How a Structured Faculty Development Program Mitigate the Learning Loss during COVID-19 by Providing the Educational Goals of Interprofessional Education (IPE) Simulation through Distance Learning: An Experience in a Small University Simulation Center (1090-004186) (Developmental Research Projects: Distanced and Virtual Education (By Invitation Only))
Start time: Friday, February 5, 2021, 2:00 PM End time: Friday, February 5, 2021, 3:00 PM Session Type: Research Study Development and Presentation Program Abstracts
Engaging faculty in virtual simulation-based interprofessional education training adds yet another layer of a barrier to effectively providing such training. Barriers include faculty readiness for distance learning, scheduling conflict, faculty buy-in, logistics, and technology constraints. While simulation center activities are at a halt due to COVID 19 required social distancing, students learning is and should be an ongoing goal. In this study, our main objective is to mitigate the potential students’ learning loss by bridging faculty and student via a virtual hospital encounter. The specific objectives are to 1) improve the students’ interprofessional collaboration for patient care; 2) to enhance the students’ skills in communicating effectively in managing and resolving a crisis.
Six sessions of IPE simulation faculty development were conducted to prepare the faculty on how to deliver a virtual IPE simulation training to the learners. The clinical faculty participants consisted of 15 medical, nine nursing, 23 pharmacy, and two physician assistants. Faculty were given the training to teach IPE simulation to 66 medical, 59 nursing, 104 pharmacy, 25 physician assistant students. The faculty developed case scenarios with the learning objective of bringing together students and faculty from different healthcare disciplines. The students learning objectives were: 1) be able to work collaboratively as a team in providing patient care; 2) to be able to communicate effectively in managing and resolving a crisis. We used Non-technical and Cognitive Skills (NTCS) tool, pre and post Interdisciplinary Education Perception (IDEP) survey, SP checklist, faculty and student evaluation of the simulation, the learners’ assessment of the faculty, to assess expected outcomes.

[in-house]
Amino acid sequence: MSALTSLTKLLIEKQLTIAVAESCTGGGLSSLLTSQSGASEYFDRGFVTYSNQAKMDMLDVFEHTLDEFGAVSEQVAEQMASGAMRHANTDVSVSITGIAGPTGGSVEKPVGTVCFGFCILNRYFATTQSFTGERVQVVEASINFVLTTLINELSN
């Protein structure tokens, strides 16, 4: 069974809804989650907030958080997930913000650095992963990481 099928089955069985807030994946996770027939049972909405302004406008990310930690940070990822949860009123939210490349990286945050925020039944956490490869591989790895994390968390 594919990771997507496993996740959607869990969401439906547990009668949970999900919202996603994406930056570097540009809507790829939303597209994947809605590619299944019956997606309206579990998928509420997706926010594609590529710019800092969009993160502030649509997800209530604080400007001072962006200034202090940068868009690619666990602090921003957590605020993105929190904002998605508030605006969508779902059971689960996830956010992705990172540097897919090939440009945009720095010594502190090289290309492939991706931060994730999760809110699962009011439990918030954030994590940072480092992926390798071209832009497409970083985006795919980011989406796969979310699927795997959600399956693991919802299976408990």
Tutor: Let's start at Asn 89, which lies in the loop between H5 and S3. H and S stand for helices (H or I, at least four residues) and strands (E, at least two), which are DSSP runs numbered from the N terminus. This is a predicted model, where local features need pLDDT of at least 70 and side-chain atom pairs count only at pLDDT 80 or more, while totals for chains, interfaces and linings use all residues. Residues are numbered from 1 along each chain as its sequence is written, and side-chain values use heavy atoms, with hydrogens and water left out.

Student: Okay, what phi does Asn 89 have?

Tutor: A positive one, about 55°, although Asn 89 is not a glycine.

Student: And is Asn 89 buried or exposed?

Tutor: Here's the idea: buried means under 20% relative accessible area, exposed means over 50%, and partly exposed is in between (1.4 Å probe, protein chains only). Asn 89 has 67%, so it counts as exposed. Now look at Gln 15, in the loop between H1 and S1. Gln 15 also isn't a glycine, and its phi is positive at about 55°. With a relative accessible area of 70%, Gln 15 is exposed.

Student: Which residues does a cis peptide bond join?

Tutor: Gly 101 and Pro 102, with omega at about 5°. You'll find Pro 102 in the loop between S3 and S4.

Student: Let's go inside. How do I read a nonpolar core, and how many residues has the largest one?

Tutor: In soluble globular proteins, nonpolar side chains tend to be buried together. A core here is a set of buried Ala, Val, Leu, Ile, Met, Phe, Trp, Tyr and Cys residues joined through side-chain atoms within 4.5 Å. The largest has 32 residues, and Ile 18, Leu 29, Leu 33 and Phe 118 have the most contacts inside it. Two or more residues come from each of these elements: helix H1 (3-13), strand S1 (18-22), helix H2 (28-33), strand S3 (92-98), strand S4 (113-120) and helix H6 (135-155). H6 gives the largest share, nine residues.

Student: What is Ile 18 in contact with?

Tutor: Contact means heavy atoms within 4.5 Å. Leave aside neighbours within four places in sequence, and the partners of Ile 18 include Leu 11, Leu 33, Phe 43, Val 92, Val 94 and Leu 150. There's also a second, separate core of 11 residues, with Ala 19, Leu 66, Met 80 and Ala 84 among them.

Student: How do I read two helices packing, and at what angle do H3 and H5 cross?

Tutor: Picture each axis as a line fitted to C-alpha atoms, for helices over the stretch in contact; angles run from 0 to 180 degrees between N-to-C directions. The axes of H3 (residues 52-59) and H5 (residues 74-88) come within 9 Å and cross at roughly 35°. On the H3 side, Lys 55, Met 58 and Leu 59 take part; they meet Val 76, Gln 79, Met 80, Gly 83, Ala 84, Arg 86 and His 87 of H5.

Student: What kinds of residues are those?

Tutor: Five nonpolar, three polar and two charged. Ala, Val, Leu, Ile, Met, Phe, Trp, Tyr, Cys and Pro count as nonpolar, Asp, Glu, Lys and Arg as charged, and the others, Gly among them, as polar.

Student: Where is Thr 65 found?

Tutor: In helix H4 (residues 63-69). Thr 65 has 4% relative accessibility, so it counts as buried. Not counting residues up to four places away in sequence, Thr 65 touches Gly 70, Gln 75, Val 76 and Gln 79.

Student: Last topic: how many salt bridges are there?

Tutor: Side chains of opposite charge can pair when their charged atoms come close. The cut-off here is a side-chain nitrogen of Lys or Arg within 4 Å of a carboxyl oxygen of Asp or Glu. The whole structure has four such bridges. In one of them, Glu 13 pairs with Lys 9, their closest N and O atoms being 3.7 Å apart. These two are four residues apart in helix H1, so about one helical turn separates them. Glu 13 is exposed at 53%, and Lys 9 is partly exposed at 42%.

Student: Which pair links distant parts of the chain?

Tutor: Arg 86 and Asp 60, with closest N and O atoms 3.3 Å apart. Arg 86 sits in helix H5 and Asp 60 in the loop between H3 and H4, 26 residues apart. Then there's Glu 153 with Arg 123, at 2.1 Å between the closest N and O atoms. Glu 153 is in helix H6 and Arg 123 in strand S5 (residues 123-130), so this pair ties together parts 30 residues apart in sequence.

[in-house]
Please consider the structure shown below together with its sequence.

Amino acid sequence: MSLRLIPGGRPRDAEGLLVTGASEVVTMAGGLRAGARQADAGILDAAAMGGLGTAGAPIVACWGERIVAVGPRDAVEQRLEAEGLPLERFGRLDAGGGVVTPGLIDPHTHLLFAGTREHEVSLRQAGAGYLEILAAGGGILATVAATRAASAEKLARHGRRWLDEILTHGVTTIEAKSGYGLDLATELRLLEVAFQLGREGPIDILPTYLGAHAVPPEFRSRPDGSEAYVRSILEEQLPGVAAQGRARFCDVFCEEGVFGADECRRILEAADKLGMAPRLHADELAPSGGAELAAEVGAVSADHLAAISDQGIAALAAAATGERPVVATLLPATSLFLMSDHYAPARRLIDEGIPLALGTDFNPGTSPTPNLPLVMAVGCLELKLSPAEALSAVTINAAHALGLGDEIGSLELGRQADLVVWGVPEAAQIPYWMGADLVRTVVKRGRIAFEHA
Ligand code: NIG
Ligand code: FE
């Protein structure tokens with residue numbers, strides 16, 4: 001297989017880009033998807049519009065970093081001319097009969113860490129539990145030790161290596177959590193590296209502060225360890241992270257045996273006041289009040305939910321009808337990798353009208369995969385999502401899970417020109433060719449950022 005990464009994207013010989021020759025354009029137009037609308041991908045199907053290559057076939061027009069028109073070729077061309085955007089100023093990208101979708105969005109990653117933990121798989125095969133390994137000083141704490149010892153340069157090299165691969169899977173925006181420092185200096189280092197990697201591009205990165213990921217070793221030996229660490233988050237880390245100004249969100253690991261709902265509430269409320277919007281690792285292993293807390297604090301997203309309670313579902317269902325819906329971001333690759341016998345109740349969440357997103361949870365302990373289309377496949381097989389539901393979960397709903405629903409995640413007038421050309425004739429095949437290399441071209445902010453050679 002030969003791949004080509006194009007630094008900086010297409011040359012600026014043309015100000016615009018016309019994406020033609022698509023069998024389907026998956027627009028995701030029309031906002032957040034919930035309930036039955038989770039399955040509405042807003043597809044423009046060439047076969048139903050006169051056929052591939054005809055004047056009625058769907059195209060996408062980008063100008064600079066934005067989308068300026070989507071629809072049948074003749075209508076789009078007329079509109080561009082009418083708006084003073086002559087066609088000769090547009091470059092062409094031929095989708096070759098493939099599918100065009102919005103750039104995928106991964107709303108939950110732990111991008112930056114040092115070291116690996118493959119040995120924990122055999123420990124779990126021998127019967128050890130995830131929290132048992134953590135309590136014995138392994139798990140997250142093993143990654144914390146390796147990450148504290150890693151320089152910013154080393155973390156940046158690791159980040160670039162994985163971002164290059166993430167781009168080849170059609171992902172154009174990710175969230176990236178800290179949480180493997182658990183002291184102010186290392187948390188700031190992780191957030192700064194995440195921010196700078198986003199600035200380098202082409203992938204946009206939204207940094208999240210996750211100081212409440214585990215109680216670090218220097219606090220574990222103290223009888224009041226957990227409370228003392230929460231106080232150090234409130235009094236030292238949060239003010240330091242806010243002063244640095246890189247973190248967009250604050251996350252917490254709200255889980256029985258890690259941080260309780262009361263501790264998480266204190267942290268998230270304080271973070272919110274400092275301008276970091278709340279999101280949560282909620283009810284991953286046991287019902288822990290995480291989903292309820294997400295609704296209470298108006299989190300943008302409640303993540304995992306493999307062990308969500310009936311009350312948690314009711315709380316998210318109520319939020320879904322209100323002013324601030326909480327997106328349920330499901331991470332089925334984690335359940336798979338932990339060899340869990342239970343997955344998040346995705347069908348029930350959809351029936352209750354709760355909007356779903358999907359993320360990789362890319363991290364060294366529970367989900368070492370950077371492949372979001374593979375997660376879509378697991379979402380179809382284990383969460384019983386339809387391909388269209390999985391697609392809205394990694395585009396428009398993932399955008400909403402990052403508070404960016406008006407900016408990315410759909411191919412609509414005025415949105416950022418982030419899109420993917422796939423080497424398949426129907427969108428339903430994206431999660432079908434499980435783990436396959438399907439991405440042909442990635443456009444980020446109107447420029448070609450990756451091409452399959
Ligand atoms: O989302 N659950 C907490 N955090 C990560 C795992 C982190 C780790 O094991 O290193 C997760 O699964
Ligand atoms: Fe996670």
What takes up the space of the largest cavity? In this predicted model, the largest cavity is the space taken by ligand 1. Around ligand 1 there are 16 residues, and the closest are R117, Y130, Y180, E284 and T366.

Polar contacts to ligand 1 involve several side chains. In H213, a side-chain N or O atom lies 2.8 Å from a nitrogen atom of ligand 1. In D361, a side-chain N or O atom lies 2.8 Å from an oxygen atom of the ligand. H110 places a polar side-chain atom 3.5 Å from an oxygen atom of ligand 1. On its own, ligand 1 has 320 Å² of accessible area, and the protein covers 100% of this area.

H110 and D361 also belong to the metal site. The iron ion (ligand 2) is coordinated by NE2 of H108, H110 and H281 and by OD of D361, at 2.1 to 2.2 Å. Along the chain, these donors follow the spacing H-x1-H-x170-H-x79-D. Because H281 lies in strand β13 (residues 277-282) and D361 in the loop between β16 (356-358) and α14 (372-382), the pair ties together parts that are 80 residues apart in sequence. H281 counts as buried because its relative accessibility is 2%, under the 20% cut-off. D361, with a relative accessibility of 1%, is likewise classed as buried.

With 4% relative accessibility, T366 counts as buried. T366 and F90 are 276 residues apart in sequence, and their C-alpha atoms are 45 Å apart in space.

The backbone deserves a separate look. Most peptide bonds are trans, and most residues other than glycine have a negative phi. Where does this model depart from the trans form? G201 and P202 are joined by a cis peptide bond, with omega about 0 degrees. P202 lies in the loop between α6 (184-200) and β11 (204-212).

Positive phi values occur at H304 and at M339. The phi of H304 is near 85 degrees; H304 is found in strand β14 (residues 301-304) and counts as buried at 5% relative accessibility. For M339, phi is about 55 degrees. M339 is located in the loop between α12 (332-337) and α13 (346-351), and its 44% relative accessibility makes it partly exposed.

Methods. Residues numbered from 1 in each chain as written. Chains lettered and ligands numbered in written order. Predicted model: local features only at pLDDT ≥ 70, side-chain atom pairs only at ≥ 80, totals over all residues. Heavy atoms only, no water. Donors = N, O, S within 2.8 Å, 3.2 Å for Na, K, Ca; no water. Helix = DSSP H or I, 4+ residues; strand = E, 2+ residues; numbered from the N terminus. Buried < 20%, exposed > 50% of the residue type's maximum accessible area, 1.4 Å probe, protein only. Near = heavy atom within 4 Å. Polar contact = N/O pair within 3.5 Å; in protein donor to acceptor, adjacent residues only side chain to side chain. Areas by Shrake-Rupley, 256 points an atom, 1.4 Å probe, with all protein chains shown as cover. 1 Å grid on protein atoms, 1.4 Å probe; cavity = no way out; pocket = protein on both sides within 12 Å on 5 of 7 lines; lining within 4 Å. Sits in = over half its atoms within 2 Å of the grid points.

We have collected both qualitative and quantitative data on student learning outcomes. Our preliminary findings show a high level of engagement by both faculty and the learners. The majority of the students also obtained high rating scores in executing established protocol sequences correctly and timely, initiating critical treatments in a timely manner, engaging in teamwork and effective communication, and exercising good diagnostic decision-making skills. The result of the student self-reflection shows some variability. However, 70% of students rated themselves highly in their performance, while 30% gave themselves lower scores. Pre and post- IDEP survey showed an increase in professional perception of respect, self-worth, understanding, and collaboration. The faculty debriefing skills evaluated by the students resulted in a rating of good to extremely effective debriefing.
Co-Presenter: Daphne Calmes, MD, Charles R. Drew University College of Medicine About the co-presenter: I am currently involved with medical education and I am particularly interested in the use of clinical simulation to improve the clinical skills of medical students.
Disclosure: No financial relationships with ineligible companies.